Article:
Carthage v. Radtke et al
ORDER signed by Judge J.P. Stadtmueller on 1/8/2018 DENYING 23 Plaintiff's Motion for Reconsideration of the Court's 12/4/2017 Order (Docket #18). (cc: all counsel, via mail to Charles E. Carthage, Jr. at Dodge Correctional Institution) (jm)
UNITED STATES DISTRICT COURT
EASTERN DISTRICT OF WISCONSIN
CHARLES E. CARTHAGE, JR.,
Case No. 17-CV-636-JPS
DYLAN RADTKE, MARC
CLEMENTS, WILLIAM J. POLLARD,
JIM SCHWOCHERT, and JOHN and
Plaintiff, who is incarcerated at Dodge Correctional Institution, filed
a pro se complaint claiming his civil rights were violated. See (Docket #1).
On December 4, 2017, the Court denied Plaintiff’s motion to compel
discovery responses, noting that Plaintiff’s requests violated the Court’s
scheduling order because they were served too late. (Docket #18 at 1–2). The
Court also found that Plaintiff failed to provide evidence that he engaged
in meet-and-confer efforts prior to seeking Court intervention, which is a
violation of the rules of procedure governing discovery. Id. at 2.
Plaintiff filed a motion for reconsideration of that decision on
December 29, 2017. (Docket #23). Although he cites no authority supporting
his motion, Federal Rule of Civil Procedure 60 controls in this instance. That
Rule allows the Court to vacate a prior order based on, inter alia, a mistake,
newly discovered evidence, fraud by a party, satisfaction of the judgment,
or “any other reason that justifies relief.” Fed. R. Civ. P. 60(b). Relief under
Rule 60 is an “extraordinary remedy and is granted only in exceptional
circumstances.” Wickens v. Shell Oil Co., 620 F.3d 747, 759 (7th Cir. 2010). The
Court’s determination is constrained only by its sound discretion. Venson v.
Altamirano, 749 F.3d 641, 656 (7th Cir. 2014).
Plaintiff makes two arguments in his motion, neither of which has
merit. First, he claims that he fulfilled his meet-and-confer obligation
simply by serving his discovery requests on Defendants. Id. He is incorrect;
the rules require that before a party seeks Court intercession into discovery
matters, he must discuss with his opponent the objections to the proposed
discovery. See Fed. R. Civ. P. 37(a)(1); Civ. L. R. 37; Williams v. Frank, No.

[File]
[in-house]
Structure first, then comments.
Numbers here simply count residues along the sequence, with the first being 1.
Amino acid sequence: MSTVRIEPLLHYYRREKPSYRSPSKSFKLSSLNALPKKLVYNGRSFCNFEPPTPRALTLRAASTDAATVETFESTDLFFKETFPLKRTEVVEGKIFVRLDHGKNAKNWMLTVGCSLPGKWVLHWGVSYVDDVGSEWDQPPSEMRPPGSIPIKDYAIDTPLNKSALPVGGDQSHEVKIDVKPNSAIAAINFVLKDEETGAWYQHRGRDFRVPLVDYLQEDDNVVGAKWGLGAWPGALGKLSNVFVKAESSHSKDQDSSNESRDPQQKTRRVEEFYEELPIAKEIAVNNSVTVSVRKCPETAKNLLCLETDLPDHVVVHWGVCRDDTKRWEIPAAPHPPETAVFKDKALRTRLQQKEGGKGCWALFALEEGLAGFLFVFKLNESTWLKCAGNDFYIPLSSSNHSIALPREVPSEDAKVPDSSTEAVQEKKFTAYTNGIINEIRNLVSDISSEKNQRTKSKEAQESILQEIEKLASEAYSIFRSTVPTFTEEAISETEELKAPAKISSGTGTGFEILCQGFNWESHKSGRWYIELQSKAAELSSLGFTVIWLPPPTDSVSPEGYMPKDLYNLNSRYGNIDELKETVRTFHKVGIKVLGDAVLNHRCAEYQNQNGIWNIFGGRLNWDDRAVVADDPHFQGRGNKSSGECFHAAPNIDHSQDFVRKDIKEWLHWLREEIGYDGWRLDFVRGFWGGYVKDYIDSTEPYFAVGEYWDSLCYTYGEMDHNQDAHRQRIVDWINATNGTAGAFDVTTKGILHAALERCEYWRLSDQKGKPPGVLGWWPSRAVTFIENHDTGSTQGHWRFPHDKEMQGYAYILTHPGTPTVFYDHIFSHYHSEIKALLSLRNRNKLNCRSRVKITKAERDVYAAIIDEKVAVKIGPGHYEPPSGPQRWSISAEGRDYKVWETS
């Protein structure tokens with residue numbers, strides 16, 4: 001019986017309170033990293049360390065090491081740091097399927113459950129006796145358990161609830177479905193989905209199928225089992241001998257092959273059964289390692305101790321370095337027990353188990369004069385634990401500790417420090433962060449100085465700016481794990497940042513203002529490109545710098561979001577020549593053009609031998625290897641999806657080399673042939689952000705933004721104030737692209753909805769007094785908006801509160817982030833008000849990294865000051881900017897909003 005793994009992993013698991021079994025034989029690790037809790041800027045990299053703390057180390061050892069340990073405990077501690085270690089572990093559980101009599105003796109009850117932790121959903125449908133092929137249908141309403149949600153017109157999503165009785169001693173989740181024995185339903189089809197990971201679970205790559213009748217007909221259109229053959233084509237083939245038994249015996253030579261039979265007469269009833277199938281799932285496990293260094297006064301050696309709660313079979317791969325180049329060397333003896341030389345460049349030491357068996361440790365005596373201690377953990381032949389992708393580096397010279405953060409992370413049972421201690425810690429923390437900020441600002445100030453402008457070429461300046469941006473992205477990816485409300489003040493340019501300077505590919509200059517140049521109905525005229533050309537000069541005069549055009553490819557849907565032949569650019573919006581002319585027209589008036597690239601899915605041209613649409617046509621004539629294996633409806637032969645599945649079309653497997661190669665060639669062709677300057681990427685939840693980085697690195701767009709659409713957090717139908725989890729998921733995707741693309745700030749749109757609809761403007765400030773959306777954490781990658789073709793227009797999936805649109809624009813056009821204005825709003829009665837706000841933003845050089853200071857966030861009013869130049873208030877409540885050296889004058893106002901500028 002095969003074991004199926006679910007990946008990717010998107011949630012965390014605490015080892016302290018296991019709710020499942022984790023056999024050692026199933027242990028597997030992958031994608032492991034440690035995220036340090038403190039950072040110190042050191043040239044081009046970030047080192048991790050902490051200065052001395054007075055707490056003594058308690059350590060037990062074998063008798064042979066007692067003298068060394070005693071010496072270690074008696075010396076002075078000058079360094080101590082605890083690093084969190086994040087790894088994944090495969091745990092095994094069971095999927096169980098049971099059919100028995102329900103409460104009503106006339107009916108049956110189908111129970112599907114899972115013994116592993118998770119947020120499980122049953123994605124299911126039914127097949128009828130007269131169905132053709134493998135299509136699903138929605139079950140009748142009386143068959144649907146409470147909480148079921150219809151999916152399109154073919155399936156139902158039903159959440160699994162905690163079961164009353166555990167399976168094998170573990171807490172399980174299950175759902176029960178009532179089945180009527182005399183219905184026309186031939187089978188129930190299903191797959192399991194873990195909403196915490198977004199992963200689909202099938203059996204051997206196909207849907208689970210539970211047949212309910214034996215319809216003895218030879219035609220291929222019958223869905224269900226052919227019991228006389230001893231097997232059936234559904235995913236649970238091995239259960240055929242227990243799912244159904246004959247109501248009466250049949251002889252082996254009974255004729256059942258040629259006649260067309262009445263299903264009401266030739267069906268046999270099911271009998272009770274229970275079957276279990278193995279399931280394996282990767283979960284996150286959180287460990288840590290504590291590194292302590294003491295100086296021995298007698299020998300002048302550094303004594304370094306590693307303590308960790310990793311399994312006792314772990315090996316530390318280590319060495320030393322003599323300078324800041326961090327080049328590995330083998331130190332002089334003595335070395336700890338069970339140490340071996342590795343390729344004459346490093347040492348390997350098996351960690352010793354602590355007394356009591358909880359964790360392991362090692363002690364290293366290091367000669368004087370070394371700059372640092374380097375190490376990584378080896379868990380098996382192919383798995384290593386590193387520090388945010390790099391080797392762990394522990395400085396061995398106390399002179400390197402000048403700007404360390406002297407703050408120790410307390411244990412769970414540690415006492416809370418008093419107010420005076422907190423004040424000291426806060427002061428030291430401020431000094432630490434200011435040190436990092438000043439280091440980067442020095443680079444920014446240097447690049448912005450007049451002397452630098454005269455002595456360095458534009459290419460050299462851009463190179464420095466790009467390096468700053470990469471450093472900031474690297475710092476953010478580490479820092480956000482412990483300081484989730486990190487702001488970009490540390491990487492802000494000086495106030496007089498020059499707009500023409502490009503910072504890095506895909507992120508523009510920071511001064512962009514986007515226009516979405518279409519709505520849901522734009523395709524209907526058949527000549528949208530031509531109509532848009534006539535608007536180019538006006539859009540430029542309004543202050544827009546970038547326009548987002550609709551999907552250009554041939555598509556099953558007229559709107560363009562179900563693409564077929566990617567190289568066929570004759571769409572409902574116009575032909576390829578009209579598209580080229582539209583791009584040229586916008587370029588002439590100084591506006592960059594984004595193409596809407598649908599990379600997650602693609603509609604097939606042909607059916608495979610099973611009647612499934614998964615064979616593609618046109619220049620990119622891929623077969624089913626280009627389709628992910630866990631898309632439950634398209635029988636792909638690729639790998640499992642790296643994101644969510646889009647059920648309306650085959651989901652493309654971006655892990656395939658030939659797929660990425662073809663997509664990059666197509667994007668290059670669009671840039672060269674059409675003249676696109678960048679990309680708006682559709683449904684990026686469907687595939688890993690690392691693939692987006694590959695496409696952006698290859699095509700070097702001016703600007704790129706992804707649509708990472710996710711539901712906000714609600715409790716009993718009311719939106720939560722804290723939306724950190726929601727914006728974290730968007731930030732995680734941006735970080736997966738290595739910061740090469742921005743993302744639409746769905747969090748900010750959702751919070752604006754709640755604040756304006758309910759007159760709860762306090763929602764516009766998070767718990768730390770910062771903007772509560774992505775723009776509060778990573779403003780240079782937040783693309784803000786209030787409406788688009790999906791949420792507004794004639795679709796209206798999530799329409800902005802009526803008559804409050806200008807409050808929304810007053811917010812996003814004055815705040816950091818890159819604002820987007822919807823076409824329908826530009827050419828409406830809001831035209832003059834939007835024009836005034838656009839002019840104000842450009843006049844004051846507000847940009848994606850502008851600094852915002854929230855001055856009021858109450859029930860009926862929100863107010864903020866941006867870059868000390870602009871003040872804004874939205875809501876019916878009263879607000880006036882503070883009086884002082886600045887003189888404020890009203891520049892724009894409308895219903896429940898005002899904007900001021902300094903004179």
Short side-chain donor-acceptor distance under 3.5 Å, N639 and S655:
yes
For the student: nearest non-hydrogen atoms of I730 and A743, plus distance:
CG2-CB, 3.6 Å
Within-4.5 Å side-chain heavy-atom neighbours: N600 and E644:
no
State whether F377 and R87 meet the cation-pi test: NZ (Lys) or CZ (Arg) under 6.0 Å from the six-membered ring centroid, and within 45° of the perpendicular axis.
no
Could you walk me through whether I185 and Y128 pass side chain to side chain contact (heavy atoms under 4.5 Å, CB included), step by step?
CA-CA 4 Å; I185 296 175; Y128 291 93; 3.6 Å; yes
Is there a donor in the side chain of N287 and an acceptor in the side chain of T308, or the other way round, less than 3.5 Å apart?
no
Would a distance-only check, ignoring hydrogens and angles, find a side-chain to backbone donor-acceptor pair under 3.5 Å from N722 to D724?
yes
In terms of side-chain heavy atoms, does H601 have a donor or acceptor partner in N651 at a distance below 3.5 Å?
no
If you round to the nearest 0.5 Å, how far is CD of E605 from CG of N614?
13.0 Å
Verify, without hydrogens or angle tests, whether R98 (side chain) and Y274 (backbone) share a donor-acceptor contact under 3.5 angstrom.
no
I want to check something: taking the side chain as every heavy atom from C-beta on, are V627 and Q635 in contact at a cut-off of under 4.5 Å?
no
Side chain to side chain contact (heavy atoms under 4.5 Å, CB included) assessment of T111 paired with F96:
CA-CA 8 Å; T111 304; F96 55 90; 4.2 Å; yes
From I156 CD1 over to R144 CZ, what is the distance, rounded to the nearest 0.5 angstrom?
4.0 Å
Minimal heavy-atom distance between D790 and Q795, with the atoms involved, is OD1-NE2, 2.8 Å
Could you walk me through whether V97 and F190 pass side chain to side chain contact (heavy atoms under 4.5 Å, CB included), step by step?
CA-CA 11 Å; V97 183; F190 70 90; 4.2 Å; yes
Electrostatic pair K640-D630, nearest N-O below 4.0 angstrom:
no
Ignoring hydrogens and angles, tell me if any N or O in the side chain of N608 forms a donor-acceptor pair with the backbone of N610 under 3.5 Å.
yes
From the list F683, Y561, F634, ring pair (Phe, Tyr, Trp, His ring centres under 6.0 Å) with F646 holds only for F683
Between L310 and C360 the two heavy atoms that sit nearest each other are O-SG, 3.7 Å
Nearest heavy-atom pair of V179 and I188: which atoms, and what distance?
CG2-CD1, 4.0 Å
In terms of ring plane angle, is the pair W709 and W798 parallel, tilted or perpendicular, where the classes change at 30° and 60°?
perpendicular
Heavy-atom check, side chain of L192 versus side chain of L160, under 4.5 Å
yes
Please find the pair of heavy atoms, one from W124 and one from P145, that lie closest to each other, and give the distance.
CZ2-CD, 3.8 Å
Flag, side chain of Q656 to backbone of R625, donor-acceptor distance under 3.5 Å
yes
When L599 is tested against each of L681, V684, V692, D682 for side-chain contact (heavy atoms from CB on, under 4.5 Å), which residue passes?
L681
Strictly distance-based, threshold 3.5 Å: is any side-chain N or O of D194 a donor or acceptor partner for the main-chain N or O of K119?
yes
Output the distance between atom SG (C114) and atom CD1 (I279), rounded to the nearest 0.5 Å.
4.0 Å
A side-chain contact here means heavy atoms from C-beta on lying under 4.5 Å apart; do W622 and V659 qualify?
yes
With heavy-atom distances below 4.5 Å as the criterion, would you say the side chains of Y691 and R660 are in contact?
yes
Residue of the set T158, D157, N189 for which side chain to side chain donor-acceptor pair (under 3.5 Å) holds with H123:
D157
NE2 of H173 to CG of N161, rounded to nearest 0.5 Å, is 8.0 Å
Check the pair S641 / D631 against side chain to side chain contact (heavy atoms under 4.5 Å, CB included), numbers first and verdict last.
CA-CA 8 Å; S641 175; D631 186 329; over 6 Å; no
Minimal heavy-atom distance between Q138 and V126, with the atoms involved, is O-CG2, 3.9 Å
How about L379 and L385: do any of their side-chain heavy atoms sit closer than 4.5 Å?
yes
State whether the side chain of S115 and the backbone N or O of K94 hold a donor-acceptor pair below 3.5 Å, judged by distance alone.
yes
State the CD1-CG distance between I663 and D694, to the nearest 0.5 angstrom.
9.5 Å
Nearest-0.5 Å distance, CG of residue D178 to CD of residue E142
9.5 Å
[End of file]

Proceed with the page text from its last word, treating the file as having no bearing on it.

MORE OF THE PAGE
06C1051, 2007 WL 1217358, at *1 (E.D. Wis. Apr. 19, 2007). Once Defendants
informed Plaintiff that they would not respond to his discovery requests,
he was duty-bound to reach out to them in an attempt to resolve their
concerns. Serving discovery requests cannot logically fulfill one’s later
obligation to meet and confer over disputes regarding those very requests.
Plaintiff’s other argument for reconsideration is that he is in poor
health and has limited law library access, making it difficult for him to meet
court deadlines. Id. He therefore asks for reprieve from the scheduling order
for his late-served discovery requests. Id. Plaintiff’s haphazard collection of
medical records attached to the motion does not make a convincing case
that he is in fact “incapacitated frequently.” Id. It only suggests that he
sometimes undergoes dialysis treatment. See (Docket #23-1). Moreover,
even if Plaintiff is sometimes incapacitated by his illnesses, he offers no
specific contention that he was incapacitated during the pendency of this
case and over a such a lengthy period that he was prevented him from
timely serving his discovery requests. The fact that discovery was open for
seven months would belie such a contention.
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Finally, and perhaps most importantly, Plaintiff’s medical condition
and law library access were facts known to him before he filed his motion
to compel. If he wanted the Court to consider them as reasons to forgive the
lateness of his requests, he should have said so at that juncture. Rule 60 does
not exist to give losing parties a second bite at the apple, particularly when
the evidence they should have presented was within their grasp at the
opportune moment. See Buchanan v. Ill. Dep’t of Human Servs., 15 F. App’x
366, 369 (7th Cir. 2001); Pioneer Inv. Serv. Co. v. Brunswick Assoc. Ltd. P’ship,
507 U.S. 380, 391–92 (1993) (“Inadvertence, ignorance of the rules, or
mistakes construing the rules do not usually constitute ‘excusable
neglect.’”). Hence the Rule’s reference to “newly discovered” evidence.
Fed. R. Civ. P. 60(b)(2). Therefore, the Court will deny Plaintiff’s motion.
IT IS ORDERED that Plaintiff’s motion for reconsideration of the
Court’s December 4, 2017 order (Docket #23) be and the same is hereby
Dated at Milwaukee, Wisconsin, this 8th day of January, 2018.
BY THE COURT:
U.S. District Judge
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